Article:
Lungs of 102 roe deer (Capreolus capreolus), 136 moose (Alces alces), 68 fallow deer (Dama dama), and six red deer (Cervus elaphus) were examined during hunting seasons from 16 September 1997 to 1 March 2000. The aim was to determine the species composition and prevalence of Dictyocaulus lungworms in these hosts in Sweden. Worms were identified following polymerase chain reaction (PCR) amplification of the internal transcribed spacer of ribosomal DNA (ITS2), followed by hybridization with four species-specific oligonucleotides. In addition, 50 lungworms from five reindeer (Rangifer tarandus) from Norway were similarly analyzed. A total of 399 worms were recovered and analyzed representing a range of 29–128 worms per host species. All specimens from roe deer were identified as Dictyocaulus capreolus, whereas those from red deer and reindeer were identical with D. eckerti. From moose, 73 (81.1%) of the worms were identified as D. capreolus whereas 17 (18.9%) were D. eckerti. The ITS2 sequence of fallow deer lungworms differed significantly when compared with the ITS2 of D. viviparus, D. capreolus, and D. eckerti. This indicated that fallow deer in Sweden may be infected with a new genotype of Dictyocaulus spp. Consequently, a specific probe designed for the ITS2 from this Dictyocaulus sp. hybridized exclusively with samples from lungworms of fallow deer. Interestingly, no D. viviparus were found in any of these hosts. The prevalence of infection in each host was as follows: D. capreolus in roe deer (14.7%) and moose (10.6%); D. eckerti in moose (0.7%) and red deer (33.3%); and Dictyocaulus sp. in fallow deer (10.3%). Regardless of lungworm species, the overall prevalence of Dictyocaulus spp. in these hosts was 12.2%. Prevalence between male and female animals and among the different age groups did not differ significantly. Finally an enzyme linked immunosorbent assay (ELISA) specific for patent D. viviparus infection in cattle was utilized to analyze lung tissue fluids from infected animals. All samples from roe deer, red deer, and fallow deer were negative in the ELISA. However, three out of twelve (25%) samples from moose and 17 of 40 (43%) samples from cattle were positive. This indicated that moose anti-D. capreolus antibodies recognized the D. viviparus antigen and that anti-cattle immunoglobulin cross-reacted with moose antibodies.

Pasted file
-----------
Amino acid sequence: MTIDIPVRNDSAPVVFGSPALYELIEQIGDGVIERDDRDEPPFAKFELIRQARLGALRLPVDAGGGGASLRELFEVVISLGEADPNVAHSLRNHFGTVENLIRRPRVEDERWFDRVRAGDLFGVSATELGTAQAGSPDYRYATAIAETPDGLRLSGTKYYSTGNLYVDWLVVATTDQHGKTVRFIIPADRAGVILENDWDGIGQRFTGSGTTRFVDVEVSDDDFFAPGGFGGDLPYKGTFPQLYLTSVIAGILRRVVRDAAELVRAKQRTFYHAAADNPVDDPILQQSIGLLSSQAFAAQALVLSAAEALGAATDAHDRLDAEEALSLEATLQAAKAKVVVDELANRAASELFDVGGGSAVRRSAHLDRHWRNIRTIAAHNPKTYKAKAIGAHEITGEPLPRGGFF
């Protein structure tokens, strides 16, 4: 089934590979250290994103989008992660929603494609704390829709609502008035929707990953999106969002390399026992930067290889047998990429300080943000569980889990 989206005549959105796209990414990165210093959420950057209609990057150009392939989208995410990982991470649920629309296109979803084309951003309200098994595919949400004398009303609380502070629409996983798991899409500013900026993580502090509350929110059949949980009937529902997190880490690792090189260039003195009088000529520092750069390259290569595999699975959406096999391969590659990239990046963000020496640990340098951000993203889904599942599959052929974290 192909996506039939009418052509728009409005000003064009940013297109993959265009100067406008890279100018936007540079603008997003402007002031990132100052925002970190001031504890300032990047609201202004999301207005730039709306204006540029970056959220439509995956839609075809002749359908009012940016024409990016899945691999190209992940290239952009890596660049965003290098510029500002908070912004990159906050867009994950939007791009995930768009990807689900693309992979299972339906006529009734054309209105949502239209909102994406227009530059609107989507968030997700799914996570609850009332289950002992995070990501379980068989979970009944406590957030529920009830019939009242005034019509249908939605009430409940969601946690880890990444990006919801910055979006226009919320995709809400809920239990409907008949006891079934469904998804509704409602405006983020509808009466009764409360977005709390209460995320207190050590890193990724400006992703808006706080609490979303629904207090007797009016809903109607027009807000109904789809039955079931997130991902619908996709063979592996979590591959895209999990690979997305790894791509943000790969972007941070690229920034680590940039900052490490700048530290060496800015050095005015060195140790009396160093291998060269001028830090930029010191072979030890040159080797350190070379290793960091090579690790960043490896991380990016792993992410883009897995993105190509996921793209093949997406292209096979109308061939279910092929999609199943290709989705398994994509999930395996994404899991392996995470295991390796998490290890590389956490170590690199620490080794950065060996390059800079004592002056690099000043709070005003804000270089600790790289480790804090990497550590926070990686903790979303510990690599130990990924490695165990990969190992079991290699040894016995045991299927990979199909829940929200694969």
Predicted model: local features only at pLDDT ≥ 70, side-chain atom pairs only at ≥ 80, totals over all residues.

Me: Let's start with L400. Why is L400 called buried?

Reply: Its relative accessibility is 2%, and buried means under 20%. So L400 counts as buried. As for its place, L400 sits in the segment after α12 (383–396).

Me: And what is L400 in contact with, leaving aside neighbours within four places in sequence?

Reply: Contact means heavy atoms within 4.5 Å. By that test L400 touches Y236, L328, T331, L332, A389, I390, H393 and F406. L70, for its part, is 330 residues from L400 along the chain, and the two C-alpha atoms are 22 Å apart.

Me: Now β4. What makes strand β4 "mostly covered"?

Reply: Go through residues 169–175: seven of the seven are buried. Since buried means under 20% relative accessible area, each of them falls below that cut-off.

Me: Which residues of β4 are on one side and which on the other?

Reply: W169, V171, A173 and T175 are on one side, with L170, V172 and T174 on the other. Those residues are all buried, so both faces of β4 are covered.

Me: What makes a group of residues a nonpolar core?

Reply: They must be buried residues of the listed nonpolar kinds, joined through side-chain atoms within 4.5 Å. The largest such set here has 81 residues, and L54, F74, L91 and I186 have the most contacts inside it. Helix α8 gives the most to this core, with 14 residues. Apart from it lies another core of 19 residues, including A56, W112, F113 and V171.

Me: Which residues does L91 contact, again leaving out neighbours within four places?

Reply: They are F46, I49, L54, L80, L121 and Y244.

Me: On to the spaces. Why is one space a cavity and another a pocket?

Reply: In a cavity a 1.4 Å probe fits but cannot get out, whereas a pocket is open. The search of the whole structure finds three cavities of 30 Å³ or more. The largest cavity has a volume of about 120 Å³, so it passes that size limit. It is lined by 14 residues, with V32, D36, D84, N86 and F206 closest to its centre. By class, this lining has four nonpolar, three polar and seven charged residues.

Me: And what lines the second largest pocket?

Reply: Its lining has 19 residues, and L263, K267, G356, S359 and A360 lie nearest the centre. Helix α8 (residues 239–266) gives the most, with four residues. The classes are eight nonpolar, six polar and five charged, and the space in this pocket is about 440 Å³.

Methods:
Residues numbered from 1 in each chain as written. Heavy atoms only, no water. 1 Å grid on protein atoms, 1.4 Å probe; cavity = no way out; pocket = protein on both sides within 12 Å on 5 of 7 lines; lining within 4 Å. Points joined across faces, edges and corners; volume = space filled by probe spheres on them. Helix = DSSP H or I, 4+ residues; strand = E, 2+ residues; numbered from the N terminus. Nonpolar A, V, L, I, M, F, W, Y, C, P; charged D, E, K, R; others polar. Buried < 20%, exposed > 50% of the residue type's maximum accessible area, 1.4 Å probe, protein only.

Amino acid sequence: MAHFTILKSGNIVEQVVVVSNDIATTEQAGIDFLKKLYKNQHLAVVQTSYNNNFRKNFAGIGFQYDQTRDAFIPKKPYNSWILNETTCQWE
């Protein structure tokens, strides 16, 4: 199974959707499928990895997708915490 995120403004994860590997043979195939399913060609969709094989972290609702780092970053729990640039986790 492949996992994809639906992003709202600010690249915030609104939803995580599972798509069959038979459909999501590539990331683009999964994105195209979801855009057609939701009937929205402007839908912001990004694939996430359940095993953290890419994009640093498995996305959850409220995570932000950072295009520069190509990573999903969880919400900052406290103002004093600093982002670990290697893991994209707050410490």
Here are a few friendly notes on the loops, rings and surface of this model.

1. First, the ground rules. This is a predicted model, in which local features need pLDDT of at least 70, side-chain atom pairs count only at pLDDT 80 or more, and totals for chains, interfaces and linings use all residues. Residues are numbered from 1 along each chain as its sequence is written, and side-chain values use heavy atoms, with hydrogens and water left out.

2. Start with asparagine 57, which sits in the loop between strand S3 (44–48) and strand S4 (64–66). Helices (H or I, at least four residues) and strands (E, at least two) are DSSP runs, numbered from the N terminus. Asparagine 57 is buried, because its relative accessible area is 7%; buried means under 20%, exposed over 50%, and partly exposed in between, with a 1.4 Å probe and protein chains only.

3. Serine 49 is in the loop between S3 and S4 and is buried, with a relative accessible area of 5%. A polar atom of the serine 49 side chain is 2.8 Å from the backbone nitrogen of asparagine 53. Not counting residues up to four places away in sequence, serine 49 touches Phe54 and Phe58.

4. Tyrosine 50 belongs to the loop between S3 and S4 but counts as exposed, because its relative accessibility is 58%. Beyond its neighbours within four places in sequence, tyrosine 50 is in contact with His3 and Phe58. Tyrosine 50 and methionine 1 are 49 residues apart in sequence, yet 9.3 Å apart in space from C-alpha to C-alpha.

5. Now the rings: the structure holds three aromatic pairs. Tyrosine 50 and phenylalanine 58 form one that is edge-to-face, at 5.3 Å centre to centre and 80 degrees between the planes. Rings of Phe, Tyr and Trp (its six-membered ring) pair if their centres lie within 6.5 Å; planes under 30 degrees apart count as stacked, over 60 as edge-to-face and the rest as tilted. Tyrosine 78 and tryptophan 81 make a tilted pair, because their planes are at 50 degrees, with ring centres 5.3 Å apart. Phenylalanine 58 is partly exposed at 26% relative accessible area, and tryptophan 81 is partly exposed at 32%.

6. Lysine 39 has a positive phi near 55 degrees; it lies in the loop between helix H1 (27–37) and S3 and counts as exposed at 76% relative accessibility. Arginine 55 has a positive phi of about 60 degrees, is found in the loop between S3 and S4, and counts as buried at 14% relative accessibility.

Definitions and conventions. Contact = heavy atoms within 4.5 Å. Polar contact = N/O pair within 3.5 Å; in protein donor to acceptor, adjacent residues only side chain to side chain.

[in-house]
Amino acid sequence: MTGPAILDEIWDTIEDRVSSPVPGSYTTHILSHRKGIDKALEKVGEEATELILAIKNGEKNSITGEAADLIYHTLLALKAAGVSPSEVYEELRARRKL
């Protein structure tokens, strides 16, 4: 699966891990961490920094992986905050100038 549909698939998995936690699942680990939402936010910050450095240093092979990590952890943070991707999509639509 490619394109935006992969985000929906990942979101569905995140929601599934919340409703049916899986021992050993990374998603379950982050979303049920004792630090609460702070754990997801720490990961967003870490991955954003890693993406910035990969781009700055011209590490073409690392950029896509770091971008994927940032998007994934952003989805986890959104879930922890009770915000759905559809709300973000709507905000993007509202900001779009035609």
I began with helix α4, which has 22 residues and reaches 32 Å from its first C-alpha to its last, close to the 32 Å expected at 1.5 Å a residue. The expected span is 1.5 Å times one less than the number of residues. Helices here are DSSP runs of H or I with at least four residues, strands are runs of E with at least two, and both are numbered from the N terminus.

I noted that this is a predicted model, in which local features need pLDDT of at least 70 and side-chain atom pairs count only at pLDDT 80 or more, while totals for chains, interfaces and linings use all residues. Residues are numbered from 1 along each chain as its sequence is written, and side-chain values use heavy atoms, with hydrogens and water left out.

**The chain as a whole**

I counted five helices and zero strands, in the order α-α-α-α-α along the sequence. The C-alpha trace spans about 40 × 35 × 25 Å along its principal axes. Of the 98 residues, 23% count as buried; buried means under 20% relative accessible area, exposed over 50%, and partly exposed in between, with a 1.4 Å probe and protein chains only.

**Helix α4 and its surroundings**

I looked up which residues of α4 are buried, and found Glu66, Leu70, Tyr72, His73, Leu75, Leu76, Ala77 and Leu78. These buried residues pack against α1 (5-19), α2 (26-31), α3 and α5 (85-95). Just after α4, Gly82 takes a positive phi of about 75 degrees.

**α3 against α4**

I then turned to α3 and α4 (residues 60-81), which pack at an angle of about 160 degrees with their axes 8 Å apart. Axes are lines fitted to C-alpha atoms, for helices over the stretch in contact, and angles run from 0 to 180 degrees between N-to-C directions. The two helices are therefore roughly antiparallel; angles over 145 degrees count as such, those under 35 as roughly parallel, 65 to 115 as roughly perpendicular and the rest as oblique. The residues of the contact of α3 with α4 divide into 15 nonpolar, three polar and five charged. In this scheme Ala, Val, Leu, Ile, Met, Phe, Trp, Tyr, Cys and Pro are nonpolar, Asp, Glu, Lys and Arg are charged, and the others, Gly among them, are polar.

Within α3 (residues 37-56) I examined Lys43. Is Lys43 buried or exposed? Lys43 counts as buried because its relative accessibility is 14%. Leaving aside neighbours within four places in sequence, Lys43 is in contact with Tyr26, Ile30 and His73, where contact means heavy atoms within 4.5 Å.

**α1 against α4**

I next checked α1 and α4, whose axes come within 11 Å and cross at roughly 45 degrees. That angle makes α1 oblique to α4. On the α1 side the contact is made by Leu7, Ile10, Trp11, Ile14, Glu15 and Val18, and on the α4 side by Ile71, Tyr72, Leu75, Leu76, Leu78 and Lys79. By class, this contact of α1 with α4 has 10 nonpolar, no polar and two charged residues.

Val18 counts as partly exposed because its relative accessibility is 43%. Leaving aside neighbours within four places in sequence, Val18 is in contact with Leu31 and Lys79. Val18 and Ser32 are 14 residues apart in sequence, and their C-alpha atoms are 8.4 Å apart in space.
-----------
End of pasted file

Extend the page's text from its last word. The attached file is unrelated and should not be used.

You have requested a machine translation of selected content from our databases. This functionality is provided solely for your convenience and is in no way intended to replace human translation. Neither BioOne nor the owners and publishers of the content make, and they explicitly disclaim, any express or implied representations or warranties of any kind, including, without limitation, representations and warranties as to the functionality of the translation feature or the accuracy or completeness of the translations.
Translations are not retained in our system. Your use of this feature and the translations is subject to all use restrictions contained in the Terms and Conditions of Use of the BioOne website.
Vol. 38 • No. 4